Insights in the mechanisms of vitamin D to treat or prevent COPD exacerbations come from several mechanistic studies in vitro. In alveolar macrophages of smokers and non-smokers, it was shown that 1,25(OH)2D inhibited the release of pro-inflammatory cytokines such as TNFα, MCP-1, and IL-6 in response to LPS/IFN-γ stimulation [36]. This was confirmed in a macrophage cell line exposed to cigarette smoke extract [36] or to LPS [89, 90]. 1,25 (OH)2D did not show any effect on the phagocytic capacity of these macrophages but it increased the levels of cathelicidin [36]. Furthermore, in venous blood samples, the rate of peripheral blood neutrophilic apoptosis in patients with acute exacerbations of COPD was slower than in healthy controls and this neutrophilic apoptosis is increased after administration of vitamin D through the p38MAPK pathway [91]. Taken together, even though in a controlled setting of cell culture, these data clearly show that vitamin D has potential to interfere with the immune reaction in response to a respiratory infection in COPD.

Vitamin D in Asthma Exacerbation

Asthma is a chronic inflammatory disease of the airway, which is characterized by airway inflammation, airway hyper responsiveness (AHR), mucus hypersecretion, and airway remodeling. The latter is irreversible and includes airway wall thickening, increased airway muscle mass, and subepithelial fibrosis, which restricts the constant airflow. Respiratory tract infections are common precipitants of acute asthma exacerbations in adults, playing a role in about 45–80% of exacerbations. Asthma mortality arises primarily during episodes of exacerbations, mostly due to viral respiratory infections, but also to exposure to particulate matter [92].

Many studies have reported high prevalence of vitamin D deficiency in asthmatic children, ranging from 50–80% worldwide [93, 94]. This was confirmed in a systematic review showing that children with asthma have lower vitamin D levels than healthy age-matched children [95]. Inadequate dietary intake, low use of vitamin D supplements, skin pigmentation, obesity, and low sun exposure all increase the risk of vitamin D insufficiency. Whether vitamin D intake during pregnancy has an impact on the development of childhood asthma is unclear as one meta-analysis found no significant association between prenatal vitamin D status and risk of asthma. However, recently, it was suggested that lower maternal vitamin D intake during pregnancy is associated with increased risk of children wheezing and being diagnosed with asthma in the first 10 years [96], indicating a role for vitamin D in the development of childhood asthma.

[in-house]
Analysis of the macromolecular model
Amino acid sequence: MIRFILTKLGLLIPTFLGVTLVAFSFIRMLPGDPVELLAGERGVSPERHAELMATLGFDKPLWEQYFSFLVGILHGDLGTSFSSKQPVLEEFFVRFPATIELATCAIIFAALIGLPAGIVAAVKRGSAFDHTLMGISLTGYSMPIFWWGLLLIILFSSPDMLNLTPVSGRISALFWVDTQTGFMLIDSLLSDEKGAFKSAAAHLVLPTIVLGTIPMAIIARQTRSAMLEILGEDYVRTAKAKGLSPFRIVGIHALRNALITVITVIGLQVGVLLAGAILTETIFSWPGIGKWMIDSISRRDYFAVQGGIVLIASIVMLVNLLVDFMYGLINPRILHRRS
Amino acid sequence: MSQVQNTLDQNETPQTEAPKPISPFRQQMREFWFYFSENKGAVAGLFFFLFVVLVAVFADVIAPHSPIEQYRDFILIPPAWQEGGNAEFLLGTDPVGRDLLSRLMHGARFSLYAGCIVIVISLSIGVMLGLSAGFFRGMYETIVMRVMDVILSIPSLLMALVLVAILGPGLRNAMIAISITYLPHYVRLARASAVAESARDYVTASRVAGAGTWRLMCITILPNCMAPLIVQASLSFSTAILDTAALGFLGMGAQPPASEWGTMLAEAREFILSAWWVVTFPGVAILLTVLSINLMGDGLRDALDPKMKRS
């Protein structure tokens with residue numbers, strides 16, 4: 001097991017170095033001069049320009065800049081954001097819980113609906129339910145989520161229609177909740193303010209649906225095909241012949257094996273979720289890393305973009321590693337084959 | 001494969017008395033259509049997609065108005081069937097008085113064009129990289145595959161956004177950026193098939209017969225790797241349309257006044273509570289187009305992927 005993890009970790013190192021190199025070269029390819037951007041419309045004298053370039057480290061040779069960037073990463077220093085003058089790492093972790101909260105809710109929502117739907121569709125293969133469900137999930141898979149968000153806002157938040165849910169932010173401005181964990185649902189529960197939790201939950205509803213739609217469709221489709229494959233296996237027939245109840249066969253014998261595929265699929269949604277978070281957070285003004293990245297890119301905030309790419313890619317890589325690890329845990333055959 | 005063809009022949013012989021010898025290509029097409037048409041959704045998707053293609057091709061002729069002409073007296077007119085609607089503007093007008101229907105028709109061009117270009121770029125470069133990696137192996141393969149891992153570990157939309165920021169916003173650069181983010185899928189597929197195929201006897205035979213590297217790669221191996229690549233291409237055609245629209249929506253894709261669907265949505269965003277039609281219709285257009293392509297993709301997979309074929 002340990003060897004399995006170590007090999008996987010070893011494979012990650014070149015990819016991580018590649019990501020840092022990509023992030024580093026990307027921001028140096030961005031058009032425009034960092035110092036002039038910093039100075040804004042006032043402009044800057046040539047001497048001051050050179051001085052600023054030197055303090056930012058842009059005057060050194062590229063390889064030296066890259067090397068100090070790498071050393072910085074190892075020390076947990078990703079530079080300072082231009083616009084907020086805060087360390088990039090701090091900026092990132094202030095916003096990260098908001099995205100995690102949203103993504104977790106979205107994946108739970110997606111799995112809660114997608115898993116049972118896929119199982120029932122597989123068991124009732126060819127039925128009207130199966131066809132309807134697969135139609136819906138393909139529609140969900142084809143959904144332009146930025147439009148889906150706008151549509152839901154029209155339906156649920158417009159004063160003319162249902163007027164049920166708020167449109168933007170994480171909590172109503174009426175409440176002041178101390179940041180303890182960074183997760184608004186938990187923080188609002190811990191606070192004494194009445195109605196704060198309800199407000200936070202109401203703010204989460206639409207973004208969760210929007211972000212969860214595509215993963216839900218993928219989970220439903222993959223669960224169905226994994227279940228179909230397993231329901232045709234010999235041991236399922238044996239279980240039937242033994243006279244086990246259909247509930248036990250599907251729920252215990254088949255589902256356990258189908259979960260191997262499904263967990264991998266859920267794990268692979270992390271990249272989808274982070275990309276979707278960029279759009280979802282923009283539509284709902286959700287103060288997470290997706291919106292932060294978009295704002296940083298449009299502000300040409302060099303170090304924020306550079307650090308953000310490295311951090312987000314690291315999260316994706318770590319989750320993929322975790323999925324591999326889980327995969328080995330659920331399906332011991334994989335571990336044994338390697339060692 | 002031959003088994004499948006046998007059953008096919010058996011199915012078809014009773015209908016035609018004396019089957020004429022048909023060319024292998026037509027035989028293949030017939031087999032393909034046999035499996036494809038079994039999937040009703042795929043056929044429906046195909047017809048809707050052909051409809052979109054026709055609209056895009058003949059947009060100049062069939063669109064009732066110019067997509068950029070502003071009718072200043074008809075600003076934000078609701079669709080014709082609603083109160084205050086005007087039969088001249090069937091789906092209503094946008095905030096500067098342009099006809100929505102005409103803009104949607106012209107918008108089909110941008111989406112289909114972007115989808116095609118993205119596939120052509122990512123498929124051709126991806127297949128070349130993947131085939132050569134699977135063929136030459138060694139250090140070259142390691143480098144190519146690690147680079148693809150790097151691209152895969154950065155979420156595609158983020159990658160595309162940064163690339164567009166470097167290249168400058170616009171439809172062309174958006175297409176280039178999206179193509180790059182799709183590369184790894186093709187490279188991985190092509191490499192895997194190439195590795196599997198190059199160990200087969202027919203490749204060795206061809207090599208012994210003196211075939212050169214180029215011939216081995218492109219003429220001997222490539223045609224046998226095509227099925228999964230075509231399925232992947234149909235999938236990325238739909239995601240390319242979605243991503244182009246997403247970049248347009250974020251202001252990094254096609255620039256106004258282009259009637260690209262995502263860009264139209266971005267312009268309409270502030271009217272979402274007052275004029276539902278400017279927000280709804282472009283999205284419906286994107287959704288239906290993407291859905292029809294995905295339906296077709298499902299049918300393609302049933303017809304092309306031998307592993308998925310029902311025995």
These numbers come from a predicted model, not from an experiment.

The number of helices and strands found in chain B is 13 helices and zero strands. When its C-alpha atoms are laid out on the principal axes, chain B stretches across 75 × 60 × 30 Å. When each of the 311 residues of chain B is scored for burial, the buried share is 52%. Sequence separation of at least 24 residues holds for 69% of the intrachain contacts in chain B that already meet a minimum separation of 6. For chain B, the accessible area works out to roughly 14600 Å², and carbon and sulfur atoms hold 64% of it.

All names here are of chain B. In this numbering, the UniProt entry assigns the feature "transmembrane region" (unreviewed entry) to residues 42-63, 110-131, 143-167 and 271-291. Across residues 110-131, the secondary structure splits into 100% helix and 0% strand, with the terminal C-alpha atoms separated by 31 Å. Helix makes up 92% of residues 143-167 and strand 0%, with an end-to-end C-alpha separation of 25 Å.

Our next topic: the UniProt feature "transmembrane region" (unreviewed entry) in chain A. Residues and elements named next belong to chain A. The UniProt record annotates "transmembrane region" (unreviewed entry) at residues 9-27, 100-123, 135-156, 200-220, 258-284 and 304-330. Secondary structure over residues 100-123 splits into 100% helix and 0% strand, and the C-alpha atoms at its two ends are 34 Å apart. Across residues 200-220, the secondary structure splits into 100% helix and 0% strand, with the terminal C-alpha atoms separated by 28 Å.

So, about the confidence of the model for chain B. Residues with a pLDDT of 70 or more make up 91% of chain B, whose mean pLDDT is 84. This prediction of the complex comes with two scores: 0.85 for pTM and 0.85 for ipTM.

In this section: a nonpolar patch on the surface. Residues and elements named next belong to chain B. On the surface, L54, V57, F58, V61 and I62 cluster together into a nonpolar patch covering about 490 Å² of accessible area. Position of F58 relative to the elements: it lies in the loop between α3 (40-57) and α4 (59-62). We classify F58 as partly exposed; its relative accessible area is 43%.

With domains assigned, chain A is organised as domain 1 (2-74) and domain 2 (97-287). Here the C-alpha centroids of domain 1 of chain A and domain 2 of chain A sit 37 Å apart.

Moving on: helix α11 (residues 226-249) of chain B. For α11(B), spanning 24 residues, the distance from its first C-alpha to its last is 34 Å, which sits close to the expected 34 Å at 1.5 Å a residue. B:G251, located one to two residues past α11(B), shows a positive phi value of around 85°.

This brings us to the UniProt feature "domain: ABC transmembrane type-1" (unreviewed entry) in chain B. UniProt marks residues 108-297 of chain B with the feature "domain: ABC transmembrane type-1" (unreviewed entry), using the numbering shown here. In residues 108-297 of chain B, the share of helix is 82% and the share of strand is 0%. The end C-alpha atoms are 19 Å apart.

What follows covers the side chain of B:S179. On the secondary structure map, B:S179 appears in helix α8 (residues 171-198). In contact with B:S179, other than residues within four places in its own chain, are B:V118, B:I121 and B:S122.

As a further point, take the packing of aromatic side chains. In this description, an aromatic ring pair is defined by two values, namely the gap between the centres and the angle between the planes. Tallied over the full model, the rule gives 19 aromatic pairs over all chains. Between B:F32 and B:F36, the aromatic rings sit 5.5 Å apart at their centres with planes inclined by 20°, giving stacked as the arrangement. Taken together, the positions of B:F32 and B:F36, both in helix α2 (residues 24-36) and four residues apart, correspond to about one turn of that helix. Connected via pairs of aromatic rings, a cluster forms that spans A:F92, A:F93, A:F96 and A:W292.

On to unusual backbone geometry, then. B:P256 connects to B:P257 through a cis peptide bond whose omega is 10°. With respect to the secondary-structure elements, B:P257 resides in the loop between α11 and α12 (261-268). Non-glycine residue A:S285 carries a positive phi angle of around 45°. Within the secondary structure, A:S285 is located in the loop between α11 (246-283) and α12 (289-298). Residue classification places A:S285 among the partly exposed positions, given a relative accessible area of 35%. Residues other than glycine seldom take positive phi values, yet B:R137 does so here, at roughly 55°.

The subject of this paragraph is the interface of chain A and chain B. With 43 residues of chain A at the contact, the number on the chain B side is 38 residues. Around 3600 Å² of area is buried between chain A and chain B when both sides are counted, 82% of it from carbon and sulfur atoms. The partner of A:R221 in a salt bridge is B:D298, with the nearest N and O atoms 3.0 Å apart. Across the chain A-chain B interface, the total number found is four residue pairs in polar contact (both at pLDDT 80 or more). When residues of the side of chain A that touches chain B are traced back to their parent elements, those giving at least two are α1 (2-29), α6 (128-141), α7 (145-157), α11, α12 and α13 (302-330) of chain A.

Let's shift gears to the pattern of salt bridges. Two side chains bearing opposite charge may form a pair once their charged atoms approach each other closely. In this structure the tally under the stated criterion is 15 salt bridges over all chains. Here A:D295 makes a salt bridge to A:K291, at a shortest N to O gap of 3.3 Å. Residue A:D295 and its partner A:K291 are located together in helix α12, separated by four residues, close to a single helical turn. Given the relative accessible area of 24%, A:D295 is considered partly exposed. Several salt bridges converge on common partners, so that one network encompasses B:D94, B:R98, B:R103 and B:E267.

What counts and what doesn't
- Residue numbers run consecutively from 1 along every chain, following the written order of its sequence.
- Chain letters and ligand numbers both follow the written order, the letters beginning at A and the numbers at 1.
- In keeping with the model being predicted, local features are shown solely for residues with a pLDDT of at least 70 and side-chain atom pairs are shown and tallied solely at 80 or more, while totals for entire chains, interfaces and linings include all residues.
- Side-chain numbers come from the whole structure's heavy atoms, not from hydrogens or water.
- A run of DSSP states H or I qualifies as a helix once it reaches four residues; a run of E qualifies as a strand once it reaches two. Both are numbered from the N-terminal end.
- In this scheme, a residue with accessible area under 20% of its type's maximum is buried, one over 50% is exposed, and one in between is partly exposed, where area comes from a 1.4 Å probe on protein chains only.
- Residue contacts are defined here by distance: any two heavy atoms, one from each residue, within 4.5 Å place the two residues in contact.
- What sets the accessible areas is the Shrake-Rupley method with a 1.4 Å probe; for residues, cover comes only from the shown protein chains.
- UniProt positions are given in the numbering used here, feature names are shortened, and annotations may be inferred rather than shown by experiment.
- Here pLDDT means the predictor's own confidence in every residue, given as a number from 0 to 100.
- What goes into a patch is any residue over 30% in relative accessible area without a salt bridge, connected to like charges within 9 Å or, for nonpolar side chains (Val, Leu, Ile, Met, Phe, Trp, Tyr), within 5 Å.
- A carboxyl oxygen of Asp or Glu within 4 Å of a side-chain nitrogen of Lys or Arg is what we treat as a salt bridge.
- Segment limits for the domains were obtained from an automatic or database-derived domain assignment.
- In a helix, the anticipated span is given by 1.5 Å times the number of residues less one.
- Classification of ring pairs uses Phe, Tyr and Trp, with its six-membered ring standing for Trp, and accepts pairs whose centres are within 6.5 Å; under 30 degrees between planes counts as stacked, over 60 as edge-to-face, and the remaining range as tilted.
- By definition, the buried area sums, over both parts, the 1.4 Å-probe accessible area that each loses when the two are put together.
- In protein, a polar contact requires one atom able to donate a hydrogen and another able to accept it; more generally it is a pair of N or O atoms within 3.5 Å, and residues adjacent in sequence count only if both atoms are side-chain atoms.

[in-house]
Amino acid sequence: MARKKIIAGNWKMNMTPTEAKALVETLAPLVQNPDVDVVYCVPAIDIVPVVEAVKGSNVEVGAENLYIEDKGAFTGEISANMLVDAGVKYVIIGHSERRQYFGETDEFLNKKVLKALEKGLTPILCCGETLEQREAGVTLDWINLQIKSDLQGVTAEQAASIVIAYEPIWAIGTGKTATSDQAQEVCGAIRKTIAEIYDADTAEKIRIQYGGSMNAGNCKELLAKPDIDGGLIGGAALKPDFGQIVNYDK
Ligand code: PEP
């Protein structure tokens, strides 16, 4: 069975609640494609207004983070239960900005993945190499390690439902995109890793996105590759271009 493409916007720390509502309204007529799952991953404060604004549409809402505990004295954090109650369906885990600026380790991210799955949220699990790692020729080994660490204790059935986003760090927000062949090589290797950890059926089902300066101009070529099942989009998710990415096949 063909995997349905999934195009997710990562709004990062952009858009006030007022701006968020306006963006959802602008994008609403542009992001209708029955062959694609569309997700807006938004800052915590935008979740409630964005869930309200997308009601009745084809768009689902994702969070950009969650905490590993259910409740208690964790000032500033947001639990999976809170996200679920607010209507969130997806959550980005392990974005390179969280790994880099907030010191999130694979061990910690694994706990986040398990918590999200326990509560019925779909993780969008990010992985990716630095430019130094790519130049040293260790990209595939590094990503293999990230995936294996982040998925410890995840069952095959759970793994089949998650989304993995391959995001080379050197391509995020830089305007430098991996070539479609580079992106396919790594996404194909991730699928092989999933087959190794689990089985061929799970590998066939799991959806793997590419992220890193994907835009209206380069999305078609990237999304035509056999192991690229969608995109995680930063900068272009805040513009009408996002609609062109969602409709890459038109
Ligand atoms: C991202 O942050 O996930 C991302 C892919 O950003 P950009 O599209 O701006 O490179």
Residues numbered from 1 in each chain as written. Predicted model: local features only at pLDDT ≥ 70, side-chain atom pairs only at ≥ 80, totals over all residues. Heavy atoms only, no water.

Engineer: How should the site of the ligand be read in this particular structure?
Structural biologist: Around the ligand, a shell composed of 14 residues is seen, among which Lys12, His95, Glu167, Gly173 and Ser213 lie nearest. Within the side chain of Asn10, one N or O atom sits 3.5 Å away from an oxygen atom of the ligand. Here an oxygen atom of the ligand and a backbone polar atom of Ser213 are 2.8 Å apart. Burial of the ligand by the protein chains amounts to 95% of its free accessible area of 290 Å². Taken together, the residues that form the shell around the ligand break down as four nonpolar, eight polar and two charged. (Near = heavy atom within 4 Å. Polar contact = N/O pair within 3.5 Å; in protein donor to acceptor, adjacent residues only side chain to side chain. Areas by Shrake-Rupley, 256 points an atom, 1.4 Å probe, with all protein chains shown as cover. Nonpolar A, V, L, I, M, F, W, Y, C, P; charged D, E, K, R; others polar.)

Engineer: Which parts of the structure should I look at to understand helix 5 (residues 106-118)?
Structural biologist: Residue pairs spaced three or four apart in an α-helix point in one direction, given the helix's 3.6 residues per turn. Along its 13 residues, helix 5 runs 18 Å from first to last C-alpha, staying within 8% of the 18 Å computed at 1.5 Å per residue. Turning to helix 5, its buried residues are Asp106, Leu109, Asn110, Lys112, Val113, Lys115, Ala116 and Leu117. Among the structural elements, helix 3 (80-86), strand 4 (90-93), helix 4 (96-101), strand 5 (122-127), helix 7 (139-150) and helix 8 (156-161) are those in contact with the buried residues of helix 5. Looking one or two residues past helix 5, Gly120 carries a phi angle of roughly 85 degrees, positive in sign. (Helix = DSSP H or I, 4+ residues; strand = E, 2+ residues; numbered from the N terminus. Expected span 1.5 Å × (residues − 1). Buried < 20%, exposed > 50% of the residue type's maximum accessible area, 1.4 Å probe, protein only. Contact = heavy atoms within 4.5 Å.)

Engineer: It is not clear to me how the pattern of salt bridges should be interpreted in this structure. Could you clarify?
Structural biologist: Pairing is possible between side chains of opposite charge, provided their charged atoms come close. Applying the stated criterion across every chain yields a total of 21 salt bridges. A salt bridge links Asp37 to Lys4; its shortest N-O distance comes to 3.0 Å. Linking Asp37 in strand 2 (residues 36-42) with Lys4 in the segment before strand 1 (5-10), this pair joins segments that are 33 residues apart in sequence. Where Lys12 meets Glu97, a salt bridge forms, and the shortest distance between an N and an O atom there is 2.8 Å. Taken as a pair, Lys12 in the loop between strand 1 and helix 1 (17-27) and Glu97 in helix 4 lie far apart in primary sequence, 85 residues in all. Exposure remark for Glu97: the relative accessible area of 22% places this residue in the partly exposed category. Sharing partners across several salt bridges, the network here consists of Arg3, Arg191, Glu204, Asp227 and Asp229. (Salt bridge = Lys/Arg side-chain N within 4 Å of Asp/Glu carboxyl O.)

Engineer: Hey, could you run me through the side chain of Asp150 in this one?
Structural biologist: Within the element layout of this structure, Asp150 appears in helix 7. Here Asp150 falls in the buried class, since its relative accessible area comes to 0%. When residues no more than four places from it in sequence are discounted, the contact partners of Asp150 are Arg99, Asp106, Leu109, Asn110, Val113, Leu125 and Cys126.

Vitamin D deficiency has been linked to an overall poor outcome of lung function and symptoms in patients with asthma [97,98,99,100]. Additionally, it was shown that the response to standard corticosteroid therapy was reduced in vitamin D-deficient asthmatic patients [101]. Studies in asthma also suggest an association between vitamin D deficiency and exacerbations [102, 103]. More specifically, vitamin D deficiency is associated with an increased risk for exacerbations [104]. In a 4-year follow-up study, Brehm found that vitamin D insufficiency (25(OH)D < 30 ng/ml) at baseline was associated with increased risk of severe asthma exacerbations [105]. The magnitude of this association was the greatest in children who were vitamin D insufficient and did not receive corticosteroids [94]. By contrast, Boonpiyatad et al observed that vitamin D deficiency indeed was present in patients with asthma exacerbations but could not find a causal relationship [106]. Additionally, it was shown that children who were both vitamin D deficient and living near a major roadway were 5 times more likely to experience asthma exacerbations in comparison with children who were vitamin D sufficient and living in the same regions of high particulate matter [107]. This indicates that vitamin D deficiency represents an important factor in the development of exacerbations during asthma.